Final: 01/09/2015

L 88 90

The Nets didn’t play down to their competition, they rolled out a red carpet on a waterslide and dove head-first. This 76ers team gave them every opportunity to take over, whether it was careless unforced turnovers, missed dunks, open shots allowed, or dumb fouls, and the Nets kept it interesting by giving them as many mistakes as they got, taking bad shots, running bad plays, and allowing the 76ers to steal this one away.

The Nets are in a bad spot right now. Deron Williams is out. Brook Lopez isn’t 100%. They only have one NBA-caliber point guard. Their best players are undeniably limited and flawed. But this 76ers team is made up of D-League castoffs and NBA prospects, and the Nets, with the game on the line, turned to a 28-foot fadeaway from Brook Lopez, who has never made a three-pointer in a regular season game.

They exited the court, not just to boos from fans in Barclays Center, but also to this simple fact: they’ve hit rock bottom.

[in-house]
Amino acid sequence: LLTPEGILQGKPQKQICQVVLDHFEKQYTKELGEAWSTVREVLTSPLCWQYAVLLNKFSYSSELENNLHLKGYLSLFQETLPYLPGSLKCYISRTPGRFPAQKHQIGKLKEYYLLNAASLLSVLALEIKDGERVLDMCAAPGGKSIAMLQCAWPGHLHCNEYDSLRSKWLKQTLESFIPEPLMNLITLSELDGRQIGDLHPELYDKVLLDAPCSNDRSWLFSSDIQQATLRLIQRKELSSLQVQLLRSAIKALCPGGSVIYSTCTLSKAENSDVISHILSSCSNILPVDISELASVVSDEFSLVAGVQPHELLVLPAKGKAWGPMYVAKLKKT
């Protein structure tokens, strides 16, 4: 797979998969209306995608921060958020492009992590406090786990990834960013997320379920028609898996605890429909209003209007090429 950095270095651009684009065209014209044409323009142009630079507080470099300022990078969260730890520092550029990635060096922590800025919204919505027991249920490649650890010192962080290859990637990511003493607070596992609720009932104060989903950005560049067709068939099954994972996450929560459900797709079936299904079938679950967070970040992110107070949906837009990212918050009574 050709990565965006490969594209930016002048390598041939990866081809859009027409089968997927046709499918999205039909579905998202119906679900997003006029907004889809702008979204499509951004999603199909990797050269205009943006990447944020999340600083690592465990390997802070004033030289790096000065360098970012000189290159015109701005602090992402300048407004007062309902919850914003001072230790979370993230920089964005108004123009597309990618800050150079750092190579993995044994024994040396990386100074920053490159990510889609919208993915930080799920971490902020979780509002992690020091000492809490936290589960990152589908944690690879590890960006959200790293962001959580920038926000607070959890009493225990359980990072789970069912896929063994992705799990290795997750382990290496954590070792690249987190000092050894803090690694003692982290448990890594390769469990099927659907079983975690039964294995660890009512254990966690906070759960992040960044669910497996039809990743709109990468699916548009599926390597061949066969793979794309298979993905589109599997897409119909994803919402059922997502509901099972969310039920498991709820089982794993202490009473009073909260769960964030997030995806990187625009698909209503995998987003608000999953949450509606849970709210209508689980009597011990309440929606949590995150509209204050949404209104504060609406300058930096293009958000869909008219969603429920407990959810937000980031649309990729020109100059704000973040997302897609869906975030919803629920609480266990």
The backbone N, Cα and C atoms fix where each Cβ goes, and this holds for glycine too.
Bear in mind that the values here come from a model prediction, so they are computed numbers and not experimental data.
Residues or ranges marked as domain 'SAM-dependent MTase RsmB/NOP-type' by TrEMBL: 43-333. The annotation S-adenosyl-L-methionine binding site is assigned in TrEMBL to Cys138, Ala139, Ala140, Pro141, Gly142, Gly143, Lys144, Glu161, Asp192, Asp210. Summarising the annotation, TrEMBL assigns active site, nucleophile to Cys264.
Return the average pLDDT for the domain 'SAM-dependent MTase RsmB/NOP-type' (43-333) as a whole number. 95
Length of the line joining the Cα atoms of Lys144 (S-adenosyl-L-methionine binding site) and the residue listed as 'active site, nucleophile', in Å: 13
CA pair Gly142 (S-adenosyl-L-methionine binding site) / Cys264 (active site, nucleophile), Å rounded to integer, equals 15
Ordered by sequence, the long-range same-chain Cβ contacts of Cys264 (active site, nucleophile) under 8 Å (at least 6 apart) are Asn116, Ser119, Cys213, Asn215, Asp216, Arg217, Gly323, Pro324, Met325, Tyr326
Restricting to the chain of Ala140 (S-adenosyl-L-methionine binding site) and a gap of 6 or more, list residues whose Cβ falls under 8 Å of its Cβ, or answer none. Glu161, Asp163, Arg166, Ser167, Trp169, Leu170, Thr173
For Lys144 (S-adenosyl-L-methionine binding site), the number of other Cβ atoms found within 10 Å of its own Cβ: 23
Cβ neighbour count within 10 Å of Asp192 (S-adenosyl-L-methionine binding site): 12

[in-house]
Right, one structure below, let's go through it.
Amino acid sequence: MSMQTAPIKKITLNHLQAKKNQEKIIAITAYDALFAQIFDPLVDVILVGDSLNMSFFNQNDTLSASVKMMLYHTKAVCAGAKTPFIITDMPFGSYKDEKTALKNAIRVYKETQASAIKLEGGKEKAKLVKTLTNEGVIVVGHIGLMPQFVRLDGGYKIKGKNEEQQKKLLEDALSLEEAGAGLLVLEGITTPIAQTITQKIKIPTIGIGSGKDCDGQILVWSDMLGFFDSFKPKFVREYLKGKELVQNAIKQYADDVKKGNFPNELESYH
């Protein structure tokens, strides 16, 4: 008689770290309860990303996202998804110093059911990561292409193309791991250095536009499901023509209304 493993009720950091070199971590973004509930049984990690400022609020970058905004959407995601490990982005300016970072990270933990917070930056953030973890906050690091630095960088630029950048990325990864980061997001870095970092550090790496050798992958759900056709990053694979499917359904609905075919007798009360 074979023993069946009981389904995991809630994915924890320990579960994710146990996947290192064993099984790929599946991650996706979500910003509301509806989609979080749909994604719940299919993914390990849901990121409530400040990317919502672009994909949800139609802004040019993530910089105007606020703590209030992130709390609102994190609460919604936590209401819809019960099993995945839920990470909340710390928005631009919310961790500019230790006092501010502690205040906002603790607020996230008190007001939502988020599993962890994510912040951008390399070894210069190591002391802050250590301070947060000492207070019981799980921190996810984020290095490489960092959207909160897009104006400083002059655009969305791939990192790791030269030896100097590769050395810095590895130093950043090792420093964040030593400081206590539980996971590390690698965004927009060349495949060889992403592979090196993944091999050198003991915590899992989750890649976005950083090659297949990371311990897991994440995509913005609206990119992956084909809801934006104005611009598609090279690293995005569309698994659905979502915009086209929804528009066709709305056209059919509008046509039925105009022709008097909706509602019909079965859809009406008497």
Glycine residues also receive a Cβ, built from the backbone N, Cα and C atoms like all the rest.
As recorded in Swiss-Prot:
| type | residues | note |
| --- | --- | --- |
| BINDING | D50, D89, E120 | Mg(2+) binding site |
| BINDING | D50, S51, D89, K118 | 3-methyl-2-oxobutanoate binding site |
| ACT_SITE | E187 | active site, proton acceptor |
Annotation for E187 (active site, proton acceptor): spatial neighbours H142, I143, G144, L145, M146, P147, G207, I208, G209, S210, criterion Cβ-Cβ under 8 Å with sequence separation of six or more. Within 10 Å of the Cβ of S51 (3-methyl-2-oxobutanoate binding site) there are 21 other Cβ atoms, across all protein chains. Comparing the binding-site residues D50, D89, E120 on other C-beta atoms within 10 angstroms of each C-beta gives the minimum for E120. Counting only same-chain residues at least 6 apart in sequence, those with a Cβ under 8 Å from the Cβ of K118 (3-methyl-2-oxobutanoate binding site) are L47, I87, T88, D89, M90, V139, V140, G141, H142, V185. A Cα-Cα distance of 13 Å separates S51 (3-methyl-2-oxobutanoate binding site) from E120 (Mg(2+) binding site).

Brook Lopez


I don’t blame him for taking that last shot. I blame the idea that he should be catching the ball 26 feet from the basket with three seconds left.

Interior help and pick-and-roll defense are not his strong suit.

His mid-range jumper is a legitimate weapon, and he’s making more of them, which is promising. But he’s also getting very few shots right at the basket that don’t take a lot of pushing and bruising in the post, and those have been low-percentage shots.

Lopez did start getting more going in the post against Furkan Aldemir and Nerlens Noel in the third quarter, an encouraging sign for his post-up play.

Going into tonight’s game, Lopez had taken a career-high 23.9 percent of his two-pointers from 16 feet and out. Though he’s a good jump shooter, hitting around 45 percent of his attempts thus far this season from that range, ideally he’d be getting more of his shots at the rim.